County contributions would have allowed ACF to enroll all 200 participants immediately, she says. Now, ACF will resume its plan to continue accepting donations until it reaches 200 participants.

So far, 105 residents are receiving money directly onto debit cards through the program. ACF will continue expanding enrollment in groups of 25, as funding becomes available, up to 200 people. Donations benefit participants directly, says Vor der Bruegge, as ACF obtained a grant to cover the program’s operating costs.

The “benefits cliff” issue is not exclusive to Arlington.

Vor der Bruegge says it hurt nascent guaranteed income programs across the state and nation that were counting on ARPA funding, she said. These programs are proliferating right now because federal stimulus checks normalized the idea of automatic payments to residents — and many were latching onto ARPA funding.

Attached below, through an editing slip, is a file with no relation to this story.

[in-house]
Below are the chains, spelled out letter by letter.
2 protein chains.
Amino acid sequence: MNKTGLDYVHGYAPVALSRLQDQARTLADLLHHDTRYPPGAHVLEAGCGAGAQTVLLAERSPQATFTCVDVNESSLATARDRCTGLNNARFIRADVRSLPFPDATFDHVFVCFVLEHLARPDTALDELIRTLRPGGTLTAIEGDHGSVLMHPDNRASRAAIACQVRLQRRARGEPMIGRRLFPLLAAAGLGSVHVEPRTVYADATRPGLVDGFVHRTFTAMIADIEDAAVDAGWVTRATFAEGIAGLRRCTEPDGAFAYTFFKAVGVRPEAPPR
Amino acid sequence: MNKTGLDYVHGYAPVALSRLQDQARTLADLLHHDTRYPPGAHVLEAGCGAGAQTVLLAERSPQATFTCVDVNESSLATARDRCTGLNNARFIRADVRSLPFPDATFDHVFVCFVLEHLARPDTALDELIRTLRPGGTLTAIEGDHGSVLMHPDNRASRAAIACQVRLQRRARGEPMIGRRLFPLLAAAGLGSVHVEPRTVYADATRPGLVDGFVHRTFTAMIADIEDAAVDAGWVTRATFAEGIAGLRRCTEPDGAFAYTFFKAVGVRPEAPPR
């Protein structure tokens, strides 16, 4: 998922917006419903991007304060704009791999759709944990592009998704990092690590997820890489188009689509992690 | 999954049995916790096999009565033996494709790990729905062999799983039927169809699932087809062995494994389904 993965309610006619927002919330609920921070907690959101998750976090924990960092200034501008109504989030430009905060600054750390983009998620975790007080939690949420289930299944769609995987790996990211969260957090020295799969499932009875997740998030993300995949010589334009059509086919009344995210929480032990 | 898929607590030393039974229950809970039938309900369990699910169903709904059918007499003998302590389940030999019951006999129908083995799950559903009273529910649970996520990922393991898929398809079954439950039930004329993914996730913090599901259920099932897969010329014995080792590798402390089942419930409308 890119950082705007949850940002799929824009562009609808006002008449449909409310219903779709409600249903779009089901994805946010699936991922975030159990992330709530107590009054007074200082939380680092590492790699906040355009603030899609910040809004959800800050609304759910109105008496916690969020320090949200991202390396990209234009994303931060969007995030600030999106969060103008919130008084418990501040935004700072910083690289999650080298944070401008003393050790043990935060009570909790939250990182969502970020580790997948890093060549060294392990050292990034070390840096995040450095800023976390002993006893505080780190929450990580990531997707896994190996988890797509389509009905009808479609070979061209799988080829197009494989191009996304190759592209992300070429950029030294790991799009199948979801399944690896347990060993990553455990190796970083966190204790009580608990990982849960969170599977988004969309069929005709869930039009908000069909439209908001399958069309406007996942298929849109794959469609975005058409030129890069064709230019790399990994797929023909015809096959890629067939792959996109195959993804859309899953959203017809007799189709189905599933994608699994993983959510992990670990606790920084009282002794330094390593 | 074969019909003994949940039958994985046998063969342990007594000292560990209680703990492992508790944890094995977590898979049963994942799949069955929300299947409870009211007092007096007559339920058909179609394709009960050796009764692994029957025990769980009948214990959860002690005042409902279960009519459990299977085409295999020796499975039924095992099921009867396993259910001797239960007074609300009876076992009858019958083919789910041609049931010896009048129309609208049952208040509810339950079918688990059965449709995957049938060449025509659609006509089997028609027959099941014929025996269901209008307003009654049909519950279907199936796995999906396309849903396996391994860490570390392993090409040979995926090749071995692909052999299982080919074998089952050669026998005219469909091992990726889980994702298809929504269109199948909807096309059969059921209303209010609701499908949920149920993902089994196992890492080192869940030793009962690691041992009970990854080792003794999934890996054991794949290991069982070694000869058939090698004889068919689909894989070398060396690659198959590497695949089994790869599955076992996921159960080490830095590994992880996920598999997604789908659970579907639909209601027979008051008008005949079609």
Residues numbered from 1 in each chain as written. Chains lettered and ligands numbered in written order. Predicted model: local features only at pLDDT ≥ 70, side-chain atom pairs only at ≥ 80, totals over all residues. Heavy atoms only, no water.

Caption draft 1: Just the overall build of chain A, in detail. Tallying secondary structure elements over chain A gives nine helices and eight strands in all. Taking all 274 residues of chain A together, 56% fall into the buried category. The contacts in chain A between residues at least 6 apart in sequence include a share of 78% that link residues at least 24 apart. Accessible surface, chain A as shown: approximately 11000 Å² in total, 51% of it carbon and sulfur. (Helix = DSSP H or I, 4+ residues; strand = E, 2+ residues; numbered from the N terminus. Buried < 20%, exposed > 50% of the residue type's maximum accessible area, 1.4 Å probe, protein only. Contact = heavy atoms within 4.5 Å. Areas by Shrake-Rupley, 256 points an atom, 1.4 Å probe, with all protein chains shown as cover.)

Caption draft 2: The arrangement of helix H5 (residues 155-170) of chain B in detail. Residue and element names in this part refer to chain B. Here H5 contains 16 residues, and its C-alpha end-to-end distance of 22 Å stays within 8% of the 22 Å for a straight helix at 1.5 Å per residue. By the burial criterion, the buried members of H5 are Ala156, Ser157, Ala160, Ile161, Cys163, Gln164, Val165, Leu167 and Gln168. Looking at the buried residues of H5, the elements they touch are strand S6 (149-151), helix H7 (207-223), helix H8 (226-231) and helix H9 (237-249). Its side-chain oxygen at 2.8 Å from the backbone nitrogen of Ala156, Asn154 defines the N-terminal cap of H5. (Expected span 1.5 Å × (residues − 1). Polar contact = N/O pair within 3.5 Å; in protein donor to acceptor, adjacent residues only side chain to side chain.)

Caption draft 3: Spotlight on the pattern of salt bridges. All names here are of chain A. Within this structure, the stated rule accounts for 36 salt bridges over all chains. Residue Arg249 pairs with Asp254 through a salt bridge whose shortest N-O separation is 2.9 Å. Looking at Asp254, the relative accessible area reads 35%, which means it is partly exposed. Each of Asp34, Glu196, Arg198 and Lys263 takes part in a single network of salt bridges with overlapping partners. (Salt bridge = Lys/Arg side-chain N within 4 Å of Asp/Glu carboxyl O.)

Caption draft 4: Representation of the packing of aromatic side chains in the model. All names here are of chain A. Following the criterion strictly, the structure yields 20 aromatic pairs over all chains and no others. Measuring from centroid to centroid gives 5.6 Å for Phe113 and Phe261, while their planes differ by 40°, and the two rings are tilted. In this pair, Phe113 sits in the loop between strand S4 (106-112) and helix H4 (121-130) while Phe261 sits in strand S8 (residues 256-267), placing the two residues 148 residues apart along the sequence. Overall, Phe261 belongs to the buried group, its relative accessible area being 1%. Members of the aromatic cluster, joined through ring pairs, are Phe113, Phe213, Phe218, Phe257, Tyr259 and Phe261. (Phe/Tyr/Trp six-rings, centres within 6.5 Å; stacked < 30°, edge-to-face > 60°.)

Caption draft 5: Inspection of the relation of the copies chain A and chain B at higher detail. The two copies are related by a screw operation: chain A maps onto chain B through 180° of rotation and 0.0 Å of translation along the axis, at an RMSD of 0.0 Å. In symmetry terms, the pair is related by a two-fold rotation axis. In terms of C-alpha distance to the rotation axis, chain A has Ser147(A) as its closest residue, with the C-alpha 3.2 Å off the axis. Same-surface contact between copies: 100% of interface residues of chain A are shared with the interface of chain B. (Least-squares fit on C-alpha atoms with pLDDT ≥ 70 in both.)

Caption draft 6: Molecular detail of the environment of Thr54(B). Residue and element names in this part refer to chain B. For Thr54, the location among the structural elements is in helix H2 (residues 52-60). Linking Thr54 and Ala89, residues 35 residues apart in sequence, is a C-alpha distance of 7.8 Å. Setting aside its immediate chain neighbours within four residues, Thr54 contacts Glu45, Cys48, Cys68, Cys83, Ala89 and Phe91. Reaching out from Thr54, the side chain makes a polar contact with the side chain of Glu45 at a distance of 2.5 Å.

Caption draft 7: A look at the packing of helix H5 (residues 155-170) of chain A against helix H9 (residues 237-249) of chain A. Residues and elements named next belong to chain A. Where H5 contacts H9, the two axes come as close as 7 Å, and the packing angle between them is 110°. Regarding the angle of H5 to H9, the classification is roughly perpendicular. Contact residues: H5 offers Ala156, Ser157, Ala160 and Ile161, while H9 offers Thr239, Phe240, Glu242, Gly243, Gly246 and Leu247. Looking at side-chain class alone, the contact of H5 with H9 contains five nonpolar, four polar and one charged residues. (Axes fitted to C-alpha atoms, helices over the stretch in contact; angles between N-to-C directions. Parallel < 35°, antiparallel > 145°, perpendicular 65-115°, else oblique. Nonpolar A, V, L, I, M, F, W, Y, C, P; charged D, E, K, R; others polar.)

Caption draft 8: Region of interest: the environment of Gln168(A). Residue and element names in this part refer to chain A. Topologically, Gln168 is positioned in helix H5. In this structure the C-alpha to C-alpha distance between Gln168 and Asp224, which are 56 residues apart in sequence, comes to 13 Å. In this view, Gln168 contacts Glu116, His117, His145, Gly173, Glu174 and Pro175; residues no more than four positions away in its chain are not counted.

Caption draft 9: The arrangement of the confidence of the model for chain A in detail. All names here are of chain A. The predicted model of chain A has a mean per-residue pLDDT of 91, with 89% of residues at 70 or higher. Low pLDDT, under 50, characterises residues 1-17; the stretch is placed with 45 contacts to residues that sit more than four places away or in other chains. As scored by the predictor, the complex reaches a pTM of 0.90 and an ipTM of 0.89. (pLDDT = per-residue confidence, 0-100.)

Now, they’re having to “go back to the drawing board,” she said, adding that some states are introducing legislation to override this unintended consequence.

“It is pretty prevalent across the country,” she said.

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Arlington County is set to receive more than $3 million to entice tourists to visit Arlington and help the hard-hit tourism industry recover from the pandemic.

The county’s tourism division, Arlington Convention and Visitors Service (ACVS), would use the $3.25 million grant for advertising, media outreach, marketing research, promotional events and tourism development to support the travel and hospitality industry, according to a county report.